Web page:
Gray resisted the urge to look up and wave. He hated to be watched, scrutinized, but the deal here was too big. He did manage to gain a concession: to take the meeting alone. His contact was skittish. It had taken six months to groom this contact, brokering connections in Libya and the Sudan. It hadn't been easy. Money did not buy much trust. Especially in this business.

He reached down to the satchel and shouldered the money bag. Wary, he walked his bike over to a shadowed alcove, parked it, and hooked a leg over the seat.

He crossed down the alley.

There were few eyes awake at this hour, and most of those were only electronic. All of his identification had passed inspection at the Old Farm Gate, the service entrance to the base. And now he had to trust that his subterfuge held out long enough to evade electronic surveillance.

He glanced to the glowing dial on his Breitling diver's watch: 4:45. The meeting was set for fifteen minutes from now. So much depended on his success here.

Gray reached his destination. Building 470. It was deserted at this hour, due for demolition next month. Poorly secured, the building was perfect for the rendezvous, yet the choice of venue was also oddly ironic. In the sixties, spores of anthrax had been brewed inside the building, in giant vats and tanks, fermenting strains of bacterial death, until the toxic brewery had been decommissioned back in 1971. Since then, the building had been left fallow, becoming a giant storage closet for the National Cancer Institute.

But once again, the business of anthrax would be conducted under this roof. He glanced up. The windows were all dark. He was to meet the seller on the fourth floor.

Reaching the side door, he swiped the lock with an electronic keycard supplied by his contact at the base. He carried the second half of the man's payment over his shoulder, having wired the first half a month before. Gray also bore a foot-long plastic, carbonized dagger in a concealed wrist sheath.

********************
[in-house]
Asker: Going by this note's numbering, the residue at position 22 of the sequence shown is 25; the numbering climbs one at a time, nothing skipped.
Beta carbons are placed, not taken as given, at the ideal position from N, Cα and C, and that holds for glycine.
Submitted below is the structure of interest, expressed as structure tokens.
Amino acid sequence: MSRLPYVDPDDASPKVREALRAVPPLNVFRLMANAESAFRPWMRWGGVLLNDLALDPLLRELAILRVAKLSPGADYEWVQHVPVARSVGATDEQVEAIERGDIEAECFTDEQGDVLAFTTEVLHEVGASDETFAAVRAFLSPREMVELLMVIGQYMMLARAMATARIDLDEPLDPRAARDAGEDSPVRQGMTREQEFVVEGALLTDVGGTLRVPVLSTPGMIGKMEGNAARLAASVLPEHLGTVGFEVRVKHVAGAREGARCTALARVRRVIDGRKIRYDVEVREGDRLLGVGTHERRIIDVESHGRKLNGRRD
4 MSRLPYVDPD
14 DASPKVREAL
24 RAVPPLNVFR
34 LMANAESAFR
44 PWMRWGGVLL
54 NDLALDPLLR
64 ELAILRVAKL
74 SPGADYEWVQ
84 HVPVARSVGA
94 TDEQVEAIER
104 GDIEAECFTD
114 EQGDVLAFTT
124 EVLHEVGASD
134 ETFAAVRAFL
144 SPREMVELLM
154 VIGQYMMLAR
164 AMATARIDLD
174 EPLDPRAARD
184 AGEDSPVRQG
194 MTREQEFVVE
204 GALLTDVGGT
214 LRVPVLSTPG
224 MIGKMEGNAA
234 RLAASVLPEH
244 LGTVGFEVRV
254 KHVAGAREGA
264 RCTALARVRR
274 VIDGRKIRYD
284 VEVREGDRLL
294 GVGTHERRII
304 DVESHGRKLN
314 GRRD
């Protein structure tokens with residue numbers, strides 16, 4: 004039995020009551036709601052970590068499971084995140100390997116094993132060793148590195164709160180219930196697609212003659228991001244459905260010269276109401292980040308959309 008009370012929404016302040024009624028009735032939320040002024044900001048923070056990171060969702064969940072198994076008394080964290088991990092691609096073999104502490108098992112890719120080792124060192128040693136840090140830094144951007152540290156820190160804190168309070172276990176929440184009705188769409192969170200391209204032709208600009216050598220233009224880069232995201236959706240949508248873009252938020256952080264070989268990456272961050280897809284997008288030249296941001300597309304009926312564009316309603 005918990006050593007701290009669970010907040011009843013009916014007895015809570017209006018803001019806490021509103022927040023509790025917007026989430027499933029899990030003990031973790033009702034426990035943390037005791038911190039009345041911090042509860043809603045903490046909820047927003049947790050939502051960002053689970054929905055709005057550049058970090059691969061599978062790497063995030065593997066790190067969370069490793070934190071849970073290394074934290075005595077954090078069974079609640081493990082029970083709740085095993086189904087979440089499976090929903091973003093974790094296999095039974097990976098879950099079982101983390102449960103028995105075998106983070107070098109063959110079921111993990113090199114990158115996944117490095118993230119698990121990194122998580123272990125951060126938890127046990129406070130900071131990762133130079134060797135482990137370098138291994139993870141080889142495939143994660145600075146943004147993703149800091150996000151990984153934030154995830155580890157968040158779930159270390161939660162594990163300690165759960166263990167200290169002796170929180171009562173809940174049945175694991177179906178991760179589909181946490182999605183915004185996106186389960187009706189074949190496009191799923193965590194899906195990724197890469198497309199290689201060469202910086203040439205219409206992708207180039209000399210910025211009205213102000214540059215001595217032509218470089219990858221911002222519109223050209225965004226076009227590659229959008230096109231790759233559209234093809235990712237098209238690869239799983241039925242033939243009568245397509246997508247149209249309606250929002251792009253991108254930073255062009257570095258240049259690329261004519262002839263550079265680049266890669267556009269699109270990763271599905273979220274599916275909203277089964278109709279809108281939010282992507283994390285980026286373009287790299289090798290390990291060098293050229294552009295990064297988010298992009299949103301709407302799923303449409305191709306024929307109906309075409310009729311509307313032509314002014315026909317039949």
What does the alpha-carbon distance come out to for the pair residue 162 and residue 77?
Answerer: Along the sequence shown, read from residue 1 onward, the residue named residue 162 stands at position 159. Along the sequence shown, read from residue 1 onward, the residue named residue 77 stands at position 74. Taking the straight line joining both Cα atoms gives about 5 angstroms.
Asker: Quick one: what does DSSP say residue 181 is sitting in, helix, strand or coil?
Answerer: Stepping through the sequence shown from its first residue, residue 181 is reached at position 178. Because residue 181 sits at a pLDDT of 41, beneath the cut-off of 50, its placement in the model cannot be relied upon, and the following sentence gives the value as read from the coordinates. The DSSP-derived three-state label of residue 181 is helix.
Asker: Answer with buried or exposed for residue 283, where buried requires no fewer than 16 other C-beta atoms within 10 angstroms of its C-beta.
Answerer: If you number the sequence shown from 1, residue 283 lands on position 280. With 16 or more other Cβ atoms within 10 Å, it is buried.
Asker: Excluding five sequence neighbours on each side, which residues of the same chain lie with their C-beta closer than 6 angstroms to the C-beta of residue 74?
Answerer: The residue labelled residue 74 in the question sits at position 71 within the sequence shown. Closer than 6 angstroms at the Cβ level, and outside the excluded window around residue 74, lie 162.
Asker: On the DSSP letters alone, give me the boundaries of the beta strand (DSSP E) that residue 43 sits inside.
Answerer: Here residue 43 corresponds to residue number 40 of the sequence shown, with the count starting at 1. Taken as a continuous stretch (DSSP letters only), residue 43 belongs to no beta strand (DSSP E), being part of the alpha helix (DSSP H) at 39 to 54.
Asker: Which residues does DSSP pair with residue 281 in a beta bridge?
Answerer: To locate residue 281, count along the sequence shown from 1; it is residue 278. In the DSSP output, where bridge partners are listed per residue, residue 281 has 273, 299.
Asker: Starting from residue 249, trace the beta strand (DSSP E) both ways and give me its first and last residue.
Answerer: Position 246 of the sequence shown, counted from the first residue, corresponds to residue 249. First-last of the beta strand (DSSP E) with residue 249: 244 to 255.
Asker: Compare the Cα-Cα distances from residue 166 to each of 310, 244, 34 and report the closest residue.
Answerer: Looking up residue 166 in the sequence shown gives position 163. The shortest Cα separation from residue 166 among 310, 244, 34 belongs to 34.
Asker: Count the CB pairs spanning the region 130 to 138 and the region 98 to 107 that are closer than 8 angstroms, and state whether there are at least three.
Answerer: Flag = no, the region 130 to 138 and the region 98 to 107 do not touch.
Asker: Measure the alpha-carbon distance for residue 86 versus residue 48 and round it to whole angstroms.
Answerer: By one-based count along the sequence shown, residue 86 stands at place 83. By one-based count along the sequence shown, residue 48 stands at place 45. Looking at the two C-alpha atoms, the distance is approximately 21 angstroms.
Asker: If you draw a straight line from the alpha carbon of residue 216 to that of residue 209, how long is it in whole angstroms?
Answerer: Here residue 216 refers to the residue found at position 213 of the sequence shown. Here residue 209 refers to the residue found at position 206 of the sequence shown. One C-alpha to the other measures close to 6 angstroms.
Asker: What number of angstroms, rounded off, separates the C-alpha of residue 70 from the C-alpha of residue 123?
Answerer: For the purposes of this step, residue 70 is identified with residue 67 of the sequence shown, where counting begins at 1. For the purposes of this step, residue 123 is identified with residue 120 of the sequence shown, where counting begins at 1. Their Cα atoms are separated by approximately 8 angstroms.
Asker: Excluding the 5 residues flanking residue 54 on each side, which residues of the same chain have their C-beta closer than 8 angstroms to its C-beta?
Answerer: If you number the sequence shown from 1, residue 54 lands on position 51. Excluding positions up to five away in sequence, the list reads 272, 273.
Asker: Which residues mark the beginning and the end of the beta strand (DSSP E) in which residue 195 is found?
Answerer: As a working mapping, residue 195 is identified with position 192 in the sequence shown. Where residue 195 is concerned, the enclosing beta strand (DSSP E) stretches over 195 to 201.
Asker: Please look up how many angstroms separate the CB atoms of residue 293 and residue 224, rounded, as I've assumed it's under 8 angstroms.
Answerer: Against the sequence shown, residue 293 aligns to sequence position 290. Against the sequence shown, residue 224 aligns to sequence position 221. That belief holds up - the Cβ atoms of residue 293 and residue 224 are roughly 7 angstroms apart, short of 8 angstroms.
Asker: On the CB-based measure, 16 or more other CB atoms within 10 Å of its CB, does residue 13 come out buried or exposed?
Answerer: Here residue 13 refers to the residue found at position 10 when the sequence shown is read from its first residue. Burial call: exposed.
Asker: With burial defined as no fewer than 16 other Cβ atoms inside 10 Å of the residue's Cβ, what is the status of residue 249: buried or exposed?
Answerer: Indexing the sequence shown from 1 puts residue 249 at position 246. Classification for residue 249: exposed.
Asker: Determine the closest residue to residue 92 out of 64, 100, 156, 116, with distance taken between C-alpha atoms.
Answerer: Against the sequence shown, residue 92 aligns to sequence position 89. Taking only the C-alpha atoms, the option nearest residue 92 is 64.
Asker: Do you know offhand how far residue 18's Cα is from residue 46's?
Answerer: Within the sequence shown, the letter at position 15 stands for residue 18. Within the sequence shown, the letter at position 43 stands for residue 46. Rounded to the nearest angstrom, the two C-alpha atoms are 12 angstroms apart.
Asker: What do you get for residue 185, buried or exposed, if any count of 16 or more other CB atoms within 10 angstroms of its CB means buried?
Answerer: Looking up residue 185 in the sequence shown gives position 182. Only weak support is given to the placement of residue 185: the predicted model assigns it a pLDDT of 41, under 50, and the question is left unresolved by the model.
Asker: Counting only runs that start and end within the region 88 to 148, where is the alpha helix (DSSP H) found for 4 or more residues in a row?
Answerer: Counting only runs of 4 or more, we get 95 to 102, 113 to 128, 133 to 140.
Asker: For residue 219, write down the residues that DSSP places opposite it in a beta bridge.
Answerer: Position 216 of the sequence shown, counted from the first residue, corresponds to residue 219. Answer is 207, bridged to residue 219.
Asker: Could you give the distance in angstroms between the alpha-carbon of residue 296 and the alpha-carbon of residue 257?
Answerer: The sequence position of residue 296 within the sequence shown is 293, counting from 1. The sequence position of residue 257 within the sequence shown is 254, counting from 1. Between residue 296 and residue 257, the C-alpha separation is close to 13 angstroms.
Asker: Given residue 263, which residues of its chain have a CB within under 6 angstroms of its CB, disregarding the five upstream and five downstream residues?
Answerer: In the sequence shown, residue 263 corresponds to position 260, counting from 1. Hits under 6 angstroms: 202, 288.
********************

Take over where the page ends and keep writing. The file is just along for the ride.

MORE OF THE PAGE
His only weapon.

He couldn't risk bringing anything else through the security gate.

Gray closed the door and crossed to the stairwell on the right. The only light on the stairs came from the red EXIT sign. He reached to his motorcycle helmet and toggled on the night-vision mode. The world brightened in tones of green and silver. He mounted the stairs and climbed quickly to the fourth floor.

At the top, he pushed through the landing's door.

He had no idea where he was supposed to meet his contact. Only that he was to await the man's signal. He paused for a breath at the door, surveying the space before him. He didn't like it.

The stairwell opened at the corner of the building. One corridor stretched straight ahead; the other ran to the left. Frosted glass office doors lined the inner walls; windows slitted the other. He proceeded directly ahead at a slow pace, alert for any sign of movement.

A flood of light swept through one of the windows, washing over him.

Dazzled through his night-vision, he rolled against one wall, back into darkness. Had he been spotted? The sweep of light pierced the other windows, one after the other, passing down the hall ahead of him. Leaning out, he peered through one of the windows. It faced the wide courtyard that fronted the building. Across the way, he watched a Humvee trundle slowly down the street. Its searchlight swept through the courtyard.

A patrol.

Would the attention spook his contact?